For the 2021-2022 academic year, KMT introduced a new cross-phase Initial Teacher Training curriculum.
Designing the KMT curriculum model
During the design phase, subject and phase-specific internal and external expertise was drawn upon, which is central to the curriculum model. Throughout the year, the delivery of central-based training has been supported through KMT’s strategic partnerships, including those with The Kent & Medway Maths Hub, The Thames Gateway Teaching School Hub, The English Hub at Kingsnorth Associate Research School, Adoption UK, Bounce Forward, and expert colleagues across the Leigh Academies Trust and consortium schools.
The KMT curriculum consists of the following six key interconnected strands
- Professional Behaviours & Wellbeing
- How Pupils Learn
- Relationships & High Expectations
- Adaptive Teaching
- Curriculum & Assessment
- Evidence-Informed Practice
The rationale for selecting these strands was to design a curriculum in which the five core areas of the Core Content Framework (CCF) and KMT’s Key Content areas were deliberately interwoven, providing repeated opportunities to promote wider, more critical understanding, including in phase and subject-specific contexts. The curriculum design places the necessary importance on SEND, Disadvantage and Mental Health, as highlighted in the CCF.
The KMT Curriculum is the progression model against which ATs are assessed throughout their programme. Each training stage has a series of clear progression statements for all Key Strands and Key Content areas to allow for accurate, timely and developmental assessment, ensuring all ATs have a clear path to QTS. The KMT Curriculum is structured to ensure that all ATs are well prepared to meet the Teachers’ Standards by the end of the programme and are ready to transition to their Early Career posts.
The KMT online portfolio
The KMT online portfolio streamlines the process by which ATs evidence how well they are learning and applying their learning, and ensures an emphasis on quality rather than quantity in terms of reflection and evidence gathering. The use of this bespoke online platform also reduces administrative burdens and unnecessary workload for all stakeholders.
Further developments for 2022/23 and 2023/24
From 2022 through to 2024 curriculum plans will place a greater focus on the assessment and development of subject specificity within the KMT ITT curriculum. The duration of the programme will be extended for 2022/23 and again in 2023/24 to allow adequate time for this increased focus on subject at both primary and secondary levels, supporting ATs to acquire a deeper understanding of the breadth and depth of substantive and disciplinary knowledge.
KMT will continue to be supported in the delivery of central-based training through existing partnerships, as well as from other external expertise, including Tom Bennett, Tom Sherrington and colleagues from the Education Endowment Foundation. During this phase, KMT will work with the Department for Education on Stage 2 of the accreditation process.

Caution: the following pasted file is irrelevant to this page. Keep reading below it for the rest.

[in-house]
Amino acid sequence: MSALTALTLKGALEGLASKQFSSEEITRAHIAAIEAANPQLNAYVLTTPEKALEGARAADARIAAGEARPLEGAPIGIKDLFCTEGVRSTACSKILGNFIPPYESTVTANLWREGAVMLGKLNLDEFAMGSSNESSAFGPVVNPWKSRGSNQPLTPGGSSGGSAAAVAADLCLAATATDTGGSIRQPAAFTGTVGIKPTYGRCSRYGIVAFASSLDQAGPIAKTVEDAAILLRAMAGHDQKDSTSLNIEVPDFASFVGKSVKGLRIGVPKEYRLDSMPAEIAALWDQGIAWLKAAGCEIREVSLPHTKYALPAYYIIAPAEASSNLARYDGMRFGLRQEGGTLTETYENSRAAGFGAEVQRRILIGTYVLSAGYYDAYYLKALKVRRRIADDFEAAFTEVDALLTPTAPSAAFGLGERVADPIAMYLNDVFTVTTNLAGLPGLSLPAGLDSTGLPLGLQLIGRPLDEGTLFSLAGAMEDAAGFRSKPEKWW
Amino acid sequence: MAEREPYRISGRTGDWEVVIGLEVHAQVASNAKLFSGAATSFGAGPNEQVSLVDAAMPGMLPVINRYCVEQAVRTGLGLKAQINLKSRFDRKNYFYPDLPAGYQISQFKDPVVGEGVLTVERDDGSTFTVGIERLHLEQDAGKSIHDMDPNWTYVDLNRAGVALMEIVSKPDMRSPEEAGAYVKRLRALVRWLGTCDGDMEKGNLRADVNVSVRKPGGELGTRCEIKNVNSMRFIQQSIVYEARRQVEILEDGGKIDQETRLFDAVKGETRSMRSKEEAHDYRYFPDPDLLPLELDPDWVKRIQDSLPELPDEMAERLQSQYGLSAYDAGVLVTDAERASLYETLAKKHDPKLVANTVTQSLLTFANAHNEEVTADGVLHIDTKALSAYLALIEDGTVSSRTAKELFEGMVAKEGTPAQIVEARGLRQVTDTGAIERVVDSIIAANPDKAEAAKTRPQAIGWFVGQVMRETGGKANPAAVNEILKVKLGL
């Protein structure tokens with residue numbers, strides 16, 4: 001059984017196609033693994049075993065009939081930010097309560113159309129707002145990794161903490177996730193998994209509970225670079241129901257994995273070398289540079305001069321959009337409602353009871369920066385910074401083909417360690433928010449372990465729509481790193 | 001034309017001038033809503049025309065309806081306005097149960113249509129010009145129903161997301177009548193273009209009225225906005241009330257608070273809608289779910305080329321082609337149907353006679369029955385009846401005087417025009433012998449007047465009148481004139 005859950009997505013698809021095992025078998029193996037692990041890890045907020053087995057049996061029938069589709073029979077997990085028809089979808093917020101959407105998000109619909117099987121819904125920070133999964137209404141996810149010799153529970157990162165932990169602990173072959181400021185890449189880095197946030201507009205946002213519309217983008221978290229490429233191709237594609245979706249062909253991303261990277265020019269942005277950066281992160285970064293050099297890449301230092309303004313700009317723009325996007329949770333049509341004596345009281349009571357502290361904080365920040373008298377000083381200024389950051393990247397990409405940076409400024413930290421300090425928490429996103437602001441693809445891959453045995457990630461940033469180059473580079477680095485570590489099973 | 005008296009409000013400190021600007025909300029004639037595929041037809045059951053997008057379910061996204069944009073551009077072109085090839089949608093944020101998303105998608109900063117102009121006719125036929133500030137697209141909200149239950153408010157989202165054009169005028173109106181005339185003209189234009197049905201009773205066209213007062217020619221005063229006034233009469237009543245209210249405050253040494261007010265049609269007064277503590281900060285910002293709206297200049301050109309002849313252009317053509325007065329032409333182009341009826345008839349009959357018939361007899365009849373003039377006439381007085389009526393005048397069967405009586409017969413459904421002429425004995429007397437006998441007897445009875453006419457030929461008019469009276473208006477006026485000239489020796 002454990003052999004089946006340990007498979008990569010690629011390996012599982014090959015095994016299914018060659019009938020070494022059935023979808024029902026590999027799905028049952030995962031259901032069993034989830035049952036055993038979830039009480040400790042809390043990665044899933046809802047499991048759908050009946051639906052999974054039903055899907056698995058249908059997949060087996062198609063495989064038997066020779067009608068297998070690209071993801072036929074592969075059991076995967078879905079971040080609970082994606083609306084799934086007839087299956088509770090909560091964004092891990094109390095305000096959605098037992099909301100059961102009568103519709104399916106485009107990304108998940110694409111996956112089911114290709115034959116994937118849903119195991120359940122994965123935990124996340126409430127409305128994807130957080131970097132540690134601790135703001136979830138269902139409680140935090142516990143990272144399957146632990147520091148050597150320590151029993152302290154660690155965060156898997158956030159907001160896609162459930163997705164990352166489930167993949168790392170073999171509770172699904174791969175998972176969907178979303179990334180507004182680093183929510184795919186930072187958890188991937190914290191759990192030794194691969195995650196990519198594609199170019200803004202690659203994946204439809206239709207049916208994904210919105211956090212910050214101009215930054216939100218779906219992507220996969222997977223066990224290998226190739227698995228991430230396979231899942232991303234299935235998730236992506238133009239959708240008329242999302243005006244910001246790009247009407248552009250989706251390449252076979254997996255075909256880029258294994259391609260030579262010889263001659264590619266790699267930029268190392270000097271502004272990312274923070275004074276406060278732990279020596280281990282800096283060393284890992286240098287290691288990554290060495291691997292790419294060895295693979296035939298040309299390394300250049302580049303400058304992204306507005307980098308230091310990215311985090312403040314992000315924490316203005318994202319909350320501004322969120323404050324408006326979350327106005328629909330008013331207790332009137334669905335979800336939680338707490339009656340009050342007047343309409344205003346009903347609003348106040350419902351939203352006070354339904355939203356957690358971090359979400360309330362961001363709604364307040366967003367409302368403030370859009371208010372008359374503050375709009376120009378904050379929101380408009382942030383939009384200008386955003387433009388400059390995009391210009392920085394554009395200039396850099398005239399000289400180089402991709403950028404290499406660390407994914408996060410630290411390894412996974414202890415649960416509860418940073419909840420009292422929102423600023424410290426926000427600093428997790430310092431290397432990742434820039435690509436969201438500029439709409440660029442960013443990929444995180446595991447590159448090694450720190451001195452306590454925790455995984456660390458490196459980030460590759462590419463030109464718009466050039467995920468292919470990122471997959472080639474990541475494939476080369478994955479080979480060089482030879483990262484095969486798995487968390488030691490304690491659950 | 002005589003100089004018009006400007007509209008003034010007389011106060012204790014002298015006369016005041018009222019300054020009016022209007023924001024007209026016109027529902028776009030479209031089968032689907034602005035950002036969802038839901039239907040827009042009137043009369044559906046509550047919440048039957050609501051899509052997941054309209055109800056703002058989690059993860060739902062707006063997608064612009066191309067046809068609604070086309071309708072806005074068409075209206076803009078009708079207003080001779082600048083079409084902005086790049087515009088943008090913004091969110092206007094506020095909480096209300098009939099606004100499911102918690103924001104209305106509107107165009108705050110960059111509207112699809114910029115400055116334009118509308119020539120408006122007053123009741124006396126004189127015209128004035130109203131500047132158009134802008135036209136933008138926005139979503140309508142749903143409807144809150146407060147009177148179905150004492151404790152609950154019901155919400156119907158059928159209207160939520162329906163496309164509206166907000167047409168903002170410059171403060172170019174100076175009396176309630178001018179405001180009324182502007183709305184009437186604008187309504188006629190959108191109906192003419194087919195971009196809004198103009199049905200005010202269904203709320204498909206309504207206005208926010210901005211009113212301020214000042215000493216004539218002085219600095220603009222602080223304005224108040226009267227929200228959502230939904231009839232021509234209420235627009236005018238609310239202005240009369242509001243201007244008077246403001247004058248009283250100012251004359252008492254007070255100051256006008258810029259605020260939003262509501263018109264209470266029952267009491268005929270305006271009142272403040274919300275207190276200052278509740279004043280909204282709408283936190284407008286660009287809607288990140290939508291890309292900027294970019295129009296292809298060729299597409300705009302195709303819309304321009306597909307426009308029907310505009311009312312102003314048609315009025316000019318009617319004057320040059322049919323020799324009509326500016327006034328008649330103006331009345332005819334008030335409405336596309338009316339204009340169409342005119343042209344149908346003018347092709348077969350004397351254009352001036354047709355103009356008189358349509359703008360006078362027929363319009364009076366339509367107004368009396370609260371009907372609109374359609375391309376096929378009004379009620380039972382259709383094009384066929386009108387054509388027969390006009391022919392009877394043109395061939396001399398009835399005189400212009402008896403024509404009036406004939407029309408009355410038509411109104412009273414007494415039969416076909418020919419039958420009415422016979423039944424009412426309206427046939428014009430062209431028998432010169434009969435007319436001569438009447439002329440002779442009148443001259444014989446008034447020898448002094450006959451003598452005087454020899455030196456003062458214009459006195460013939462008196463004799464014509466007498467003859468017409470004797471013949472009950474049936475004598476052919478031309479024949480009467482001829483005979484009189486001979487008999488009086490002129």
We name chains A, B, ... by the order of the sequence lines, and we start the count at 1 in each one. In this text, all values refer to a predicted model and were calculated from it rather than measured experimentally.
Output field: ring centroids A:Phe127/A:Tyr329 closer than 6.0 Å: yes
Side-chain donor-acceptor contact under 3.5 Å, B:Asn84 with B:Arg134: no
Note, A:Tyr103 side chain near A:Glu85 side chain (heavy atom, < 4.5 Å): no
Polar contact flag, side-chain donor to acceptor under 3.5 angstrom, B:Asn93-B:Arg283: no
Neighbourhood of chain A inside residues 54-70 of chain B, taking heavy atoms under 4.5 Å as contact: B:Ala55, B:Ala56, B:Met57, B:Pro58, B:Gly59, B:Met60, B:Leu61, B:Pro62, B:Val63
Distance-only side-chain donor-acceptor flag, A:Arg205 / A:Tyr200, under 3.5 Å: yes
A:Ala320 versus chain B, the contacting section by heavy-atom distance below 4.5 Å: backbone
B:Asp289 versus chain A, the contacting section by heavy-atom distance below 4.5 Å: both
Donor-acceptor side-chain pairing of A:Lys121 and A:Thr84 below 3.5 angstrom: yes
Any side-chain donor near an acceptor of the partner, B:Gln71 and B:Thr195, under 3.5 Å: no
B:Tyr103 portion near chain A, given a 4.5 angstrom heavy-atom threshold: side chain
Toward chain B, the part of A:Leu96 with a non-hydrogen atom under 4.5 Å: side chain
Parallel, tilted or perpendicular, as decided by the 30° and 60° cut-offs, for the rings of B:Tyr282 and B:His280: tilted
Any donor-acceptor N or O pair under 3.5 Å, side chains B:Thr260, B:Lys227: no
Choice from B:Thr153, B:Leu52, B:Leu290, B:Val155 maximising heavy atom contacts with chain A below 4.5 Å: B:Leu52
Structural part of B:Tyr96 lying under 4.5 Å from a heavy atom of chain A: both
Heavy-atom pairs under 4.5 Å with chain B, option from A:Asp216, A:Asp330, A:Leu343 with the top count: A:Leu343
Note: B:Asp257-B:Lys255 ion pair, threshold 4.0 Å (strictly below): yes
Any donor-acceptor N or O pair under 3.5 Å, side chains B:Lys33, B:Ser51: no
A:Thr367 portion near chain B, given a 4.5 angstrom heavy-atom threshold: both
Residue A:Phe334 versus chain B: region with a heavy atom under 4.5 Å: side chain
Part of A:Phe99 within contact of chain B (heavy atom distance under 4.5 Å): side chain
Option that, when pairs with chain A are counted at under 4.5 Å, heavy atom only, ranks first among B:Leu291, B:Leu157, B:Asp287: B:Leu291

During the second half of phase 2, KMT will be introducing a new ‘Faculty Lead Mentor’ role to increase mentoring capacity at a subject/phase level and to support and develop school-based mentors.
This group of experts will make up the KMT Mentor Leadership Team and will be recruited in this phase; they will be subject and phase professionals who can demonstrate an evidence-informed approach to teaching and to developing novice teachers.
They will be expected to network across our hubs and geographical regions to help strengthen current and future partnerships and will be responsible for trainees and subject/phase mentors within their faculty.
Full implementation of the 2024 Quality Requirements for ITT
One of the key features of the new Quality Requirements for ITT is the introduction of Intensive Training and Practice (ITP). This experience, of at least 20 days’ duration in addition to the standard programme, enables ATs to observe and practise selected, specific elements of the ITT curriculum and receive highly targeted feedback from experts. KMT’s approach to ITPs will involve drawing on the best expertise available from within partnership schools and national networks so ATs are able to consolidate their understanding of how the evidence base shapes best practice in their phase and subject.
KMT understands the pivotal role school-based subject/phase mentors play in the successful completion of ITT and they will continue to receive regular, high-quality training to allow them not only to meet the new Quality Requirements but to go beyond these criteria under KMT’s new mentoring framework.
Faculty Lead Mentors will take up their posts this year across a range of subjects and phases and will further enhance the mentor development opportunities available while providing a valuable additional layer in KMT’s faculty leadership team, quality assuring centre and school-based training and practice. FLMs will also play an integral role in the design and delivery of ITPs, ensuring KMT is at the forefront of evidence-informed initial teaching training.